Books for My Daughter(s)

When my oldest daughter was a baby, and I was bored being at home all of the time, we used to go to the thrift store and look at books to pass the time. And we’d buy them. Who am I kidding? I wasn’t just looking. I was buying. I’d put my little daughter in a shopping cart and she’d eat Cheerios, constantly dropping them on the floor while I scoured the used books.

Often, I would purchase children’s chapter books. I imagined my chubby baby as an older school girl who would find delight in the same books I had found delightful. Beverly Cleary’s Ramona Quimby, Number the Stars, Anastasia, Roald Dahl, Louis Sachar, and Nancy Drew. I bought here and there, but not too many. I didn’t realize the day would come so quickly that she would read them.

Now she is 11 and she loves to read. She’s gone through almost all of the books I bought during her babyhood. There aren’t enough! I feel as if I need to get more, although our local library trips fill in the gaps. Here’s a photo of those books on my shelf. They are waiting now for my second daughter to grow up a little. I can’t believe the time I imagined for their use has almost past.

SAMSUNG CAMERA PICTURES

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40 thoughts on “Books for My Daughter(s)

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  1. Emily, you gave the greatest gift. The gift of reading. In our attic, we saved the kids books we wanted to keep for future grandchildren, donating others. We have a Dr. Seuss collection, a Little Golden Book collection, etc. I treasured reading to my kids. All the best, Keith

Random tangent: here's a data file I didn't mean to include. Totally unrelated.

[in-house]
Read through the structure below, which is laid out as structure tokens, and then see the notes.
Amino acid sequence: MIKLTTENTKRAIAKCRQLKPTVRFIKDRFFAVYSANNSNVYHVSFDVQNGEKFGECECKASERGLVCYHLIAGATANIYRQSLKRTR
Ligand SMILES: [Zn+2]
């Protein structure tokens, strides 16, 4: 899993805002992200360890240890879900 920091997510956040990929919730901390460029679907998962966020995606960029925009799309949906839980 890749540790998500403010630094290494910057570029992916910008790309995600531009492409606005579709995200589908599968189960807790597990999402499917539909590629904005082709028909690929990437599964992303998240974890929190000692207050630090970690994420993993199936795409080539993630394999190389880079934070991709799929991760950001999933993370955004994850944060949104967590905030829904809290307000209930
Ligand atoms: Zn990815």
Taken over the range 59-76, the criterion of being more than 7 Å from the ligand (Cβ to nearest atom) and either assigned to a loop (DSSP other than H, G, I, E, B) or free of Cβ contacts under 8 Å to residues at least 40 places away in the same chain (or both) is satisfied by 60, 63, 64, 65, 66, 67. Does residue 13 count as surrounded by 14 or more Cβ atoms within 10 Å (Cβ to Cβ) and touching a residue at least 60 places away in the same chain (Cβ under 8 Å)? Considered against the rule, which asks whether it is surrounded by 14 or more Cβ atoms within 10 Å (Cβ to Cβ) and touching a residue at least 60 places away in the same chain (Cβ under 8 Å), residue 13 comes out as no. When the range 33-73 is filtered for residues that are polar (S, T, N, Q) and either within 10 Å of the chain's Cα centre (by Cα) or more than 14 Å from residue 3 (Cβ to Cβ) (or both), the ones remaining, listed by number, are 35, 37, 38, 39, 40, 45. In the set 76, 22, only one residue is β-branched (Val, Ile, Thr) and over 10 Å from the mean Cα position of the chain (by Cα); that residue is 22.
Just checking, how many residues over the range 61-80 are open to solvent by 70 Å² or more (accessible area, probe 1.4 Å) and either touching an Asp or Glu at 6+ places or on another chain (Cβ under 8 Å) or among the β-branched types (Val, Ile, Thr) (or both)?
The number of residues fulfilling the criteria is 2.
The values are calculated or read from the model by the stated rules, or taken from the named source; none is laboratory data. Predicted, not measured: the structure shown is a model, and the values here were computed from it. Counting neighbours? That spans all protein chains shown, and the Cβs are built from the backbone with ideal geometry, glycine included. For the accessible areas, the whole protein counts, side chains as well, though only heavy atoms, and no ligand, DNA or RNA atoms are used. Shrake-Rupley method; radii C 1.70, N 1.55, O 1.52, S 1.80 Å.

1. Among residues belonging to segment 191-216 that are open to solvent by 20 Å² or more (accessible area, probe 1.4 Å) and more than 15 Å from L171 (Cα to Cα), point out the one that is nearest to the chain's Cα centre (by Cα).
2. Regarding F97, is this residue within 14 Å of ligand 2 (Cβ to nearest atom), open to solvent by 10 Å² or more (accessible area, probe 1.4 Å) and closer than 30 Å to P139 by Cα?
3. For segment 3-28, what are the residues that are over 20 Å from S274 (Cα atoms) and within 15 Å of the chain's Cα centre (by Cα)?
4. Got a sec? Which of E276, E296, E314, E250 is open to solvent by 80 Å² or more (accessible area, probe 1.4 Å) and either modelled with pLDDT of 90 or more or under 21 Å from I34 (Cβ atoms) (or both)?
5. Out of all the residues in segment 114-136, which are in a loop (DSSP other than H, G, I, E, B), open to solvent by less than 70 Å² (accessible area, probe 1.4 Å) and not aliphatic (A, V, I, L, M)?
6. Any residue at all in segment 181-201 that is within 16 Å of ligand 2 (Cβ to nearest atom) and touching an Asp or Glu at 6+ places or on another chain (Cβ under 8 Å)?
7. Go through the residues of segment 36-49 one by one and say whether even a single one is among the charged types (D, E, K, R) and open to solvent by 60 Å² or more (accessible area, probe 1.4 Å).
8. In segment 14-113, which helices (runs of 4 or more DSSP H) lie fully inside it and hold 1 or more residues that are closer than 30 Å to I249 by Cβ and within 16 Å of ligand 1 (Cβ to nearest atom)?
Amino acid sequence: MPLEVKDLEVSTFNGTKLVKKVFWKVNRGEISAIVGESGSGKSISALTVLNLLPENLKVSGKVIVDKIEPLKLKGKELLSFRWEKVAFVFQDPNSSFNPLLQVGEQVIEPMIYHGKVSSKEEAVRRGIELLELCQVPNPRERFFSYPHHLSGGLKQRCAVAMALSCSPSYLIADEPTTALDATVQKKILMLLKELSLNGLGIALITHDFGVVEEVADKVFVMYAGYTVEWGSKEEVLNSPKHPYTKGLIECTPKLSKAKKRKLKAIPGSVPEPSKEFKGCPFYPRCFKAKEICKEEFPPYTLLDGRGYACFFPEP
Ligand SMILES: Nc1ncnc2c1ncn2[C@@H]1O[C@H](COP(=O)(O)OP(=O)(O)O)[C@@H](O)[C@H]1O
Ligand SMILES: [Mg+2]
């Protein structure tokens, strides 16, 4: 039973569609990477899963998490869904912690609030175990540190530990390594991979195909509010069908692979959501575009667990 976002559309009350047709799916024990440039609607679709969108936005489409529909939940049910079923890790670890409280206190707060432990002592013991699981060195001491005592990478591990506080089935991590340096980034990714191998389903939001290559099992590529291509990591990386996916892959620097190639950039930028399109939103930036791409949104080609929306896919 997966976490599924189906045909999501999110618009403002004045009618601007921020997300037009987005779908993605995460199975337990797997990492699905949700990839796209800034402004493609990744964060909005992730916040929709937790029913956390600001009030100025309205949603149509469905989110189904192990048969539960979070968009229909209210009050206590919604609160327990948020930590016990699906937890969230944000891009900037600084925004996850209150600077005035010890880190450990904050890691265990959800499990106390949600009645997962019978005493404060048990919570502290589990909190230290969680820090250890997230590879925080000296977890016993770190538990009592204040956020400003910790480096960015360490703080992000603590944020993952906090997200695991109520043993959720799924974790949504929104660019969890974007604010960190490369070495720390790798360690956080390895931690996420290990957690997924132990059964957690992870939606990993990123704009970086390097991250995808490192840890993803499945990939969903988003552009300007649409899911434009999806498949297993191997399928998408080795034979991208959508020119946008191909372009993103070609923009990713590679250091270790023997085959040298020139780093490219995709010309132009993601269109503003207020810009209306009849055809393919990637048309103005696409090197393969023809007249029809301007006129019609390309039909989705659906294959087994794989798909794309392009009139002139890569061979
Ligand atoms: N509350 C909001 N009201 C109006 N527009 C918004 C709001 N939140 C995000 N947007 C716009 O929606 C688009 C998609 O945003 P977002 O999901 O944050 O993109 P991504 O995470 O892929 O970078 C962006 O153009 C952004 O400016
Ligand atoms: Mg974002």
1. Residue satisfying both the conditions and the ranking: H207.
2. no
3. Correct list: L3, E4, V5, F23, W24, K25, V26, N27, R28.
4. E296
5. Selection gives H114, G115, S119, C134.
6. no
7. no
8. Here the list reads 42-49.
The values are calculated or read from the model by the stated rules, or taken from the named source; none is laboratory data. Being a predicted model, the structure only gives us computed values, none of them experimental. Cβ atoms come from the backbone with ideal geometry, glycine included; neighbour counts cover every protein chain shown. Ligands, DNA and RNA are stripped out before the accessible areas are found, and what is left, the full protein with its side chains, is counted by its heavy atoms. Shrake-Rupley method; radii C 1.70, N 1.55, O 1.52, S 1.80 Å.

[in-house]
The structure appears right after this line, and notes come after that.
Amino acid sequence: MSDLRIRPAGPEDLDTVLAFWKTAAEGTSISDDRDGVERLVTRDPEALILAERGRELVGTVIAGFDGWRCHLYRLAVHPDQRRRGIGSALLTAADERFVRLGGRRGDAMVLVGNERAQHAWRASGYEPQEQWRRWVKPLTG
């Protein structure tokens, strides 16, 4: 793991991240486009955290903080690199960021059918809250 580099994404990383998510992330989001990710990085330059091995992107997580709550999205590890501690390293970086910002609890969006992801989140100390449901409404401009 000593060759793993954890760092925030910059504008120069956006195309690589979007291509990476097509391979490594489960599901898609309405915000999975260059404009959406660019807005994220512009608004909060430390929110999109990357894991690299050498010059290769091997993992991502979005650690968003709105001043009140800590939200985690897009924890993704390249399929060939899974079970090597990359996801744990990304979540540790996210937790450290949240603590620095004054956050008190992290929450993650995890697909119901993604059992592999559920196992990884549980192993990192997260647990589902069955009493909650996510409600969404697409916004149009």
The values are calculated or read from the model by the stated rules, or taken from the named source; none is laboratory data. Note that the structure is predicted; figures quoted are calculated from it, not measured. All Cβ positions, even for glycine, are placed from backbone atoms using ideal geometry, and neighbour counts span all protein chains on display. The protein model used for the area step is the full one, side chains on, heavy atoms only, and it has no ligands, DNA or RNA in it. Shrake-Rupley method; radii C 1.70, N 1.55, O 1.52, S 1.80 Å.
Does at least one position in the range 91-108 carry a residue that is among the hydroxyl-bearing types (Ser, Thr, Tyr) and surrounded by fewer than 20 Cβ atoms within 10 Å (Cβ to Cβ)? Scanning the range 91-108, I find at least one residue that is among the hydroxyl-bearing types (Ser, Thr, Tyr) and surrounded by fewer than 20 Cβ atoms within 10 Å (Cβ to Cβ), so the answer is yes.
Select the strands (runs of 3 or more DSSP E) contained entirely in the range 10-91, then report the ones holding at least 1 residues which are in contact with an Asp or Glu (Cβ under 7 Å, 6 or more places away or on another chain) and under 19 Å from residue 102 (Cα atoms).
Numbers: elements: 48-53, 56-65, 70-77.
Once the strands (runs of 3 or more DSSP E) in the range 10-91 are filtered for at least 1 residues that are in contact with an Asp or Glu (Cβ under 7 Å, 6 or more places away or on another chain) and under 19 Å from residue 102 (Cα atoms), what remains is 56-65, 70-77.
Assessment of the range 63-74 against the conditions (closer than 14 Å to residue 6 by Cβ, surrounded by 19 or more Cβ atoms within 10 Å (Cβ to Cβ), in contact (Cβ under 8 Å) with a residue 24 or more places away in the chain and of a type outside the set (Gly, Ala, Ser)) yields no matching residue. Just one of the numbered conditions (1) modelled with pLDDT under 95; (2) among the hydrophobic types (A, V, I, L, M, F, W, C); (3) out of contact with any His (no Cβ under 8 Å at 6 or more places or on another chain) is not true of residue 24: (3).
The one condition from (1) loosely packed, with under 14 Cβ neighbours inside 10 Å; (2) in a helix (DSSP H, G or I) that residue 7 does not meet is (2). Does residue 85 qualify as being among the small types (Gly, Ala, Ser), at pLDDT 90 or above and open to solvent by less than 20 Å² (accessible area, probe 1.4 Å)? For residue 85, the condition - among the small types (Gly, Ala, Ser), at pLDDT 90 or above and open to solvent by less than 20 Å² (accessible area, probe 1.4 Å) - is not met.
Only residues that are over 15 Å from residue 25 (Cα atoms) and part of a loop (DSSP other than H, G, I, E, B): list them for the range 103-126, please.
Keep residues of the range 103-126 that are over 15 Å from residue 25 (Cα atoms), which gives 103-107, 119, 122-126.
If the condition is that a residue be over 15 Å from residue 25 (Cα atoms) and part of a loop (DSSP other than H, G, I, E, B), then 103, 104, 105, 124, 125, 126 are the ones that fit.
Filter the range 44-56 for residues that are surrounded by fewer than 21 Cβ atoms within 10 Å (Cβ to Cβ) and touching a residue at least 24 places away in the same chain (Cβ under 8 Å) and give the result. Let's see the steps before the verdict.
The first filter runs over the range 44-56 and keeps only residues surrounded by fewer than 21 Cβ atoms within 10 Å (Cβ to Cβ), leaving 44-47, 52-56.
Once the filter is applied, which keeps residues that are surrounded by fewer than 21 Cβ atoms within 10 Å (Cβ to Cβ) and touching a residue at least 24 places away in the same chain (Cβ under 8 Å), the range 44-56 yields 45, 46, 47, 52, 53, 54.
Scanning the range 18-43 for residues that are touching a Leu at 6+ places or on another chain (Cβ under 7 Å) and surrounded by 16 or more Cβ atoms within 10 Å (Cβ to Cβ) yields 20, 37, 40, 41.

2. This is inspiring. I’m a teenager now but I plan to do such a list of books, movies and music for when my child/children are too young to choose themselves. It’s a proof of real mother-child love.

  3. It is shocking how quickly time passes and I am trying very hard to savour every moment with my 3 year old son. We too make trips to the second hand book store and I find that I often buy books that he is only likely to read some years later. But how can one resist a good deal??!! 🙂 For example, I recently found a lovely hard bound 3 in 1 edition of Enid Blyton’s The Enchanted Wood, The Magic Faraway Tree and The Folk of the Faraway Tree, for the equivalent of less than 2 USD!

    1. If you think it’s shocking how time passes, wait until you’re a grandma. I’m glad people are still reading Enid Blyton to their children. I still love the faraway tree stories.

  4. How wonderful that your daughter likes the books you loved as a child. I wonder what my little boy will think about my favorites – I know it might different because he’s a boy, but I hope he enjoys some of them too! He’s four and he loves to read, which delights me to no end.

  5. I have early readers and best of all eager readers. I also attribute this to my reading with them when they were babies. Good work!

  6. I did exactly the same thing! In fact, I started collecting picture books before I even had kids (at the time I was working as an Early Childhood Educator (fancy for working at a daycare)), and we got a discount on book orders every month. Then, once I had kids, I took them to the local used book store and they would sit on the floor flipping through books (they were too young to read them) while I scoured the shelves. I had a tonne before they ever needed them. But, like you, I am shocked by the fact that most of those picture books have either been given away or stored in the basement (because I just can’t part with them all), and they are getting too old for many of the chapter books I bought. I’m pretty sure they didn’t even read them all – I think they outgrew them faster than they could read them all! My youngest is now 10, and she likes to read but is a picky reader. I keep trying to press certain books on her, but it rarely works. 🙂